•Freight Forwarders demand #EndCustomsExtortion
•Customs, NIMASA, others lose revenue
As the disruptions in business and social activities across the country occasioned by the EndSARS protests continues, PAULOGBUOKIRI reports that the Nigeria port industry is one of the worst hit as it loses over N200 billion in one week, even as the week-long inactivity is set to exacerbate cargo congestion in the Lagos ports
Activities at the Lagos ports have remained paralysed since Monday this week even as the #EndSARS protests took a new dimension in Lagos on Tuesday.
Consequently, key revenue agencies of government in the ports, particularly the Nigeria Customs Service (NCS), Nigeria Maritime Administration and Safety Agency (NIMASA) Nigeria Ports Authority (NPA) and Nigeria Shippers’ Council (NSC); not excluding the Terminal Operators, Shipping Companies and Freight Forwarders and other service providers in the ports have lost over N200 billion from Monday till date.
The volume of transactions that take place in the Nigerian seaports daily according to experts is over N50 billion.
The Nigeria Customs Service the main revenue agency of government in the industry is estimated to have lost over N20 billion revenue, NIMASA lost about N4 billion while the NPA has lost over N6 billion in revenue, even as it’s over N15 billion multi-story headquarters complex including over N10 billion movable properties in the complex at Marina, Lagos Island were consumed by fire believed to have set by hoodlums on Wednesday morning, an aftermath of the massacre of peaceful protesters by soldiers and other security operatives at the Lekki Toll Plaza on Lagos Island.
Meanwhile, the losses suffered by the Terminal Operators and Shipping Companies are put at several billions of naira. Also not left out were the freight forwarders, transporters including handlers who lost billions of naira in the one week of inactivity in the Lagos ports.
This is coming as the President of the National Council of Managing Directors of Licensed Customs Agents (NCMDLCA), Mr. Lucky Amiwero has expressed deep fear that the port might experience more serious congestion this year end as a result of the one week of inactivity.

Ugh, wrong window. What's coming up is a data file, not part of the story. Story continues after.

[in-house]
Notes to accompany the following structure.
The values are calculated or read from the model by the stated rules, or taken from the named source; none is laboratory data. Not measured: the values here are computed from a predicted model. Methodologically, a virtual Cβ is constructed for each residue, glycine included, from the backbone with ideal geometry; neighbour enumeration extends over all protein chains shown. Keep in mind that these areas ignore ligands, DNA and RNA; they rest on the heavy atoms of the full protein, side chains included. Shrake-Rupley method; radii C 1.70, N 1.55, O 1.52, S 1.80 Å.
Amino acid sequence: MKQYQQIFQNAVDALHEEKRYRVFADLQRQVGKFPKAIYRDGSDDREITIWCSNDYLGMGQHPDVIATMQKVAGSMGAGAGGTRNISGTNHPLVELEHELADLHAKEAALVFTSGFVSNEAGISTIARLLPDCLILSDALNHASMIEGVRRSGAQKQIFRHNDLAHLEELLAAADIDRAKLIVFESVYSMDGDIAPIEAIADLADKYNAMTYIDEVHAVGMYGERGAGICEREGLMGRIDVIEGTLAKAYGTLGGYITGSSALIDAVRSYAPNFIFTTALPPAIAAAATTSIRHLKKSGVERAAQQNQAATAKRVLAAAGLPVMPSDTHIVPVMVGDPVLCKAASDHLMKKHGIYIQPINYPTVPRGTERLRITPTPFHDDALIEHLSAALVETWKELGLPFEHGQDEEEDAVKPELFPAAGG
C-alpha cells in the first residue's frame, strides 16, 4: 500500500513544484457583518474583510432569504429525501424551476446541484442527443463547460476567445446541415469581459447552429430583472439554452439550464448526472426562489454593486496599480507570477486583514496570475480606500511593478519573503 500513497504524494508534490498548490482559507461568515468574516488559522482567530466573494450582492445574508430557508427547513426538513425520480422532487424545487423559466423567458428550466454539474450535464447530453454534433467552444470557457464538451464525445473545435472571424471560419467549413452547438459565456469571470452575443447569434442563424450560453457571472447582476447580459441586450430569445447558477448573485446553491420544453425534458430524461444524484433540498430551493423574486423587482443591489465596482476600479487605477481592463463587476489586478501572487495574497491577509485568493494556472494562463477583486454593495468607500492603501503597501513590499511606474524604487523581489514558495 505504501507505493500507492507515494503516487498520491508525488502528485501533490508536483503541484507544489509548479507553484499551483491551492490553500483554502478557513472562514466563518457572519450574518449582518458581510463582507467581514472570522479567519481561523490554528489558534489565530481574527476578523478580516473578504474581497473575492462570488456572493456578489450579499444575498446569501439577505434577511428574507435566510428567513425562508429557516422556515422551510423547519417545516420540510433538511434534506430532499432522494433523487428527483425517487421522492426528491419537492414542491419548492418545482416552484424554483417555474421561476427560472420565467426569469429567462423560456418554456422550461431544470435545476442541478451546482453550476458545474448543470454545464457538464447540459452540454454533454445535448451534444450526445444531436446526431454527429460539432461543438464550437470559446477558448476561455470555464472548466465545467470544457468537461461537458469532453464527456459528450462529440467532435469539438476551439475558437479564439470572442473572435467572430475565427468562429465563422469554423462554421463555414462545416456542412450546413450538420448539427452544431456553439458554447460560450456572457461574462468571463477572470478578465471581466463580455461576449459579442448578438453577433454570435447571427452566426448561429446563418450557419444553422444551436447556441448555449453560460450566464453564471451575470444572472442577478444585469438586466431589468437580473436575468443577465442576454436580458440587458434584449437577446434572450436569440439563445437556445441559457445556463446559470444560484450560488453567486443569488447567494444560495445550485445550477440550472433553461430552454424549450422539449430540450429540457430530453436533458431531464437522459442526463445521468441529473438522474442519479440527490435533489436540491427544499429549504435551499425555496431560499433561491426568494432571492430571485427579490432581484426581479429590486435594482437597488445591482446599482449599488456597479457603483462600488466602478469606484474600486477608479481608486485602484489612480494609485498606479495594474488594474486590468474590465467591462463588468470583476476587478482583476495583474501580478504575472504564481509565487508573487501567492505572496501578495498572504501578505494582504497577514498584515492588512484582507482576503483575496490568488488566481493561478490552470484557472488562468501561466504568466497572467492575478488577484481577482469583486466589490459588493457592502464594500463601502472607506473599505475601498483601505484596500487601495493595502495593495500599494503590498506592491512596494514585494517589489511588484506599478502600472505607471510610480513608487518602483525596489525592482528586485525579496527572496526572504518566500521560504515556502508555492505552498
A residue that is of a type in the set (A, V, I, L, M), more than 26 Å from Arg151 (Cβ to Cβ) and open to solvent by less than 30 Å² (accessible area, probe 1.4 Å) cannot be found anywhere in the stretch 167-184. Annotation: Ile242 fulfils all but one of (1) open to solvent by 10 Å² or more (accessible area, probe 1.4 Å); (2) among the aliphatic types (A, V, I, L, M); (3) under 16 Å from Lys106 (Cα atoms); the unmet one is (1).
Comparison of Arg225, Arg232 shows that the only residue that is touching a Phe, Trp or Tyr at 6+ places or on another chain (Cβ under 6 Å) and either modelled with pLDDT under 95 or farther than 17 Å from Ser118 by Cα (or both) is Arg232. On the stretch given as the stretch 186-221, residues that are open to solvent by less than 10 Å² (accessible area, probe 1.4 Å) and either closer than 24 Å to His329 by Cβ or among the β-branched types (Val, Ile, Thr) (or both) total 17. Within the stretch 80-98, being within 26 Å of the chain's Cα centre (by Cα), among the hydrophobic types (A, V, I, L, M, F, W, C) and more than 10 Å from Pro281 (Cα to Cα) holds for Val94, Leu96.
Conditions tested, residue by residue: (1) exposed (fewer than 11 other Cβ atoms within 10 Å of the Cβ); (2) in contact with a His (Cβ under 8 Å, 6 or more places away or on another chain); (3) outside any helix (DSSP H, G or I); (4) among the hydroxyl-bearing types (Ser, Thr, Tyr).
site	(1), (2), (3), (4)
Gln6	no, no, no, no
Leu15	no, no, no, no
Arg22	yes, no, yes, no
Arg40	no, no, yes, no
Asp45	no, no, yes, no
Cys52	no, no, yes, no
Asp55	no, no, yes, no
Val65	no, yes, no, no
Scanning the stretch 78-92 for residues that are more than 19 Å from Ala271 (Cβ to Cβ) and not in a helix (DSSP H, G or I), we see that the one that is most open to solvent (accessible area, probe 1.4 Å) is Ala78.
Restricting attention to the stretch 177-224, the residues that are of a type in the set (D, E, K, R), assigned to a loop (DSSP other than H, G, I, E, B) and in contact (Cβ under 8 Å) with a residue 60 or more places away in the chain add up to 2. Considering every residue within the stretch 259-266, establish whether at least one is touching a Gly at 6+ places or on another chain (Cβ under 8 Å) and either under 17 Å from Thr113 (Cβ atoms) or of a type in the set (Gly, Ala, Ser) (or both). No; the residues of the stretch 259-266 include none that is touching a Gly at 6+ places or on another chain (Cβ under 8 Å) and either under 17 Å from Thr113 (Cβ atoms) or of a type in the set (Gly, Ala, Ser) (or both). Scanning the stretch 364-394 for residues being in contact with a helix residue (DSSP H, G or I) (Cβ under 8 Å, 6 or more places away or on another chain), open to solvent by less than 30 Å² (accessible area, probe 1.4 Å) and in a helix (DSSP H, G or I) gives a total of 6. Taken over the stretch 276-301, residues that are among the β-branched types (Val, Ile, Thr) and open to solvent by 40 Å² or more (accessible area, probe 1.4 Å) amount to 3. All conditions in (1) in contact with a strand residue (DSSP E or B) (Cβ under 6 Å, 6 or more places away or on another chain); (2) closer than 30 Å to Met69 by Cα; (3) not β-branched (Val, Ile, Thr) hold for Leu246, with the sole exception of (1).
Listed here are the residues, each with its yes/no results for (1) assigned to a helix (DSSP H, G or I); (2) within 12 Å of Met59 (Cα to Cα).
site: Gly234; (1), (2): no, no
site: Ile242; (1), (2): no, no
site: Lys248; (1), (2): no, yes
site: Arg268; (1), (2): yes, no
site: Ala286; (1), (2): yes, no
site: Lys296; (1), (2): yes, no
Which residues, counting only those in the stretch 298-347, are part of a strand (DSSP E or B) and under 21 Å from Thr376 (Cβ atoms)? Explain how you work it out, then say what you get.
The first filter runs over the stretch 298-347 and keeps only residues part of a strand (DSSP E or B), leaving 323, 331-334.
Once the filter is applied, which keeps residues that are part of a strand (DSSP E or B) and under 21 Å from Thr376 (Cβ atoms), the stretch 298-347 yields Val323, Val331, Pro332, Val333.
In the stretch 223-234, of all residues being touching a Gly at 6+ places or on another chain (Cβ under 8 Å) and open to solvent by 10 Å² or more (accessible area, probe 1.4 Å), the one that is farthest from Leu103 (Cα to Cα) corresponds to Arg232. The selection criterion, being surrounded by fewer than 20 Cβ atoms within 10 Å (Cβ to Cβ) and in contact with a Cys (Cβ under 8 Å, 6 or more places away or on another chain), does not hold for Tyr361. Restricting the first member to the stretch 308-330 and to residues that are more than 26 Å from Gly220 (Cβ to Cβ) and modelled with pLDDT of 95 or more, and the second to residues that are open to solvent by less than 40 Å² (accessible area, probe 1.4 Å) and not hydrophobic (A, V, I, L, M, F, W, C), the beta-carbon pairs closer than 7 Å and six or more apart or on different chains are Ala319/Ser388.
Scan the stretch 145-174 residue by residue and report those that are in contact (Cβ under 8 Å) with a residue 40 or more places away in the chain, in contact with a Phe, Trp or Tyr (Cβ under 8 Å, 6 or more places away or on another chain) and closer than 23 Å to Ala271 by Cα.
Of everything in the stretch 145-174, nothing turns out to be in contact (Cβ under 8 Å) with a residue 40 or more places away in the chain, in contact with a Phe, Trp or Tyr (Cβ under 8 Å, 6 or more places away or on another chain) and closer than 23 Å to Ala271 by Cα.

He said: “The port is a transit point for goods, when goods already discharged from the ships did not leave the port for up to one week to make way for incoming ones; it means that the vessels will start to queue up at the anchorage causing congestion and accumulation of demurrages.
“We are getting to the end of the year when you record large volume of imports coming in. Any disruption like this would only worsen the problem we already have on ground,” he said. In a similar development, Customs Brokers on Tuesday at the Tin Can Island protested what they described as extortion by operatives of the Federal Operation Unit (FOU) of the Nigeria Customs Service.
The protesters, who gathered in front of the Customs Processing Unit (CPC) of the Tin Can Island (TCIP) Command of the Nigeria Customs Service, had several placards with inscriptions like: “#End FOU extortion”, “#End blocking Marine Police blocking our containers” and “#End strike force”, among others.
An Executive member of the Tin Can Island Port chapter of the Association of Nigeria Licensed Customs Agents (ANLCA), who spoke to Sunday Telegraph on condition of anonymity, wondered why a top official of the NCS will release their consignments from the port and a junior official of the service will intercept it at Mile 2?
“We will continue the protest until this extortion and unfair treatment is stopped,” he vowed.
Addressing the protesters, the Customs Area Controller of TCIP Command, Musa Abdullahi urged them to put their complaints in writing, so that it could be treated officially.
The Spokesman of Command, Tony Ejesieme urged the protesters to be careful so that hoodlums don’t hijack their legitimate protest.
Meanwhile, as Nigerians pray that normalcy returns so that economic activities could resume, officials at the headquarters of NPA are in chagrin over where they will report to work as their offices were destroyed in the fire that razed down the complex on Wednesday.
Some of the officers, who spoke to Sunday Telegraph, lamented that nobody has reached them or given them any directives on what do when work resumes.
They did not want their names published as they were not authorised to speak on the matter. Several calls to the General Manager, Corporate and Strategic Communication, Engr. Jatto Adams were not responded to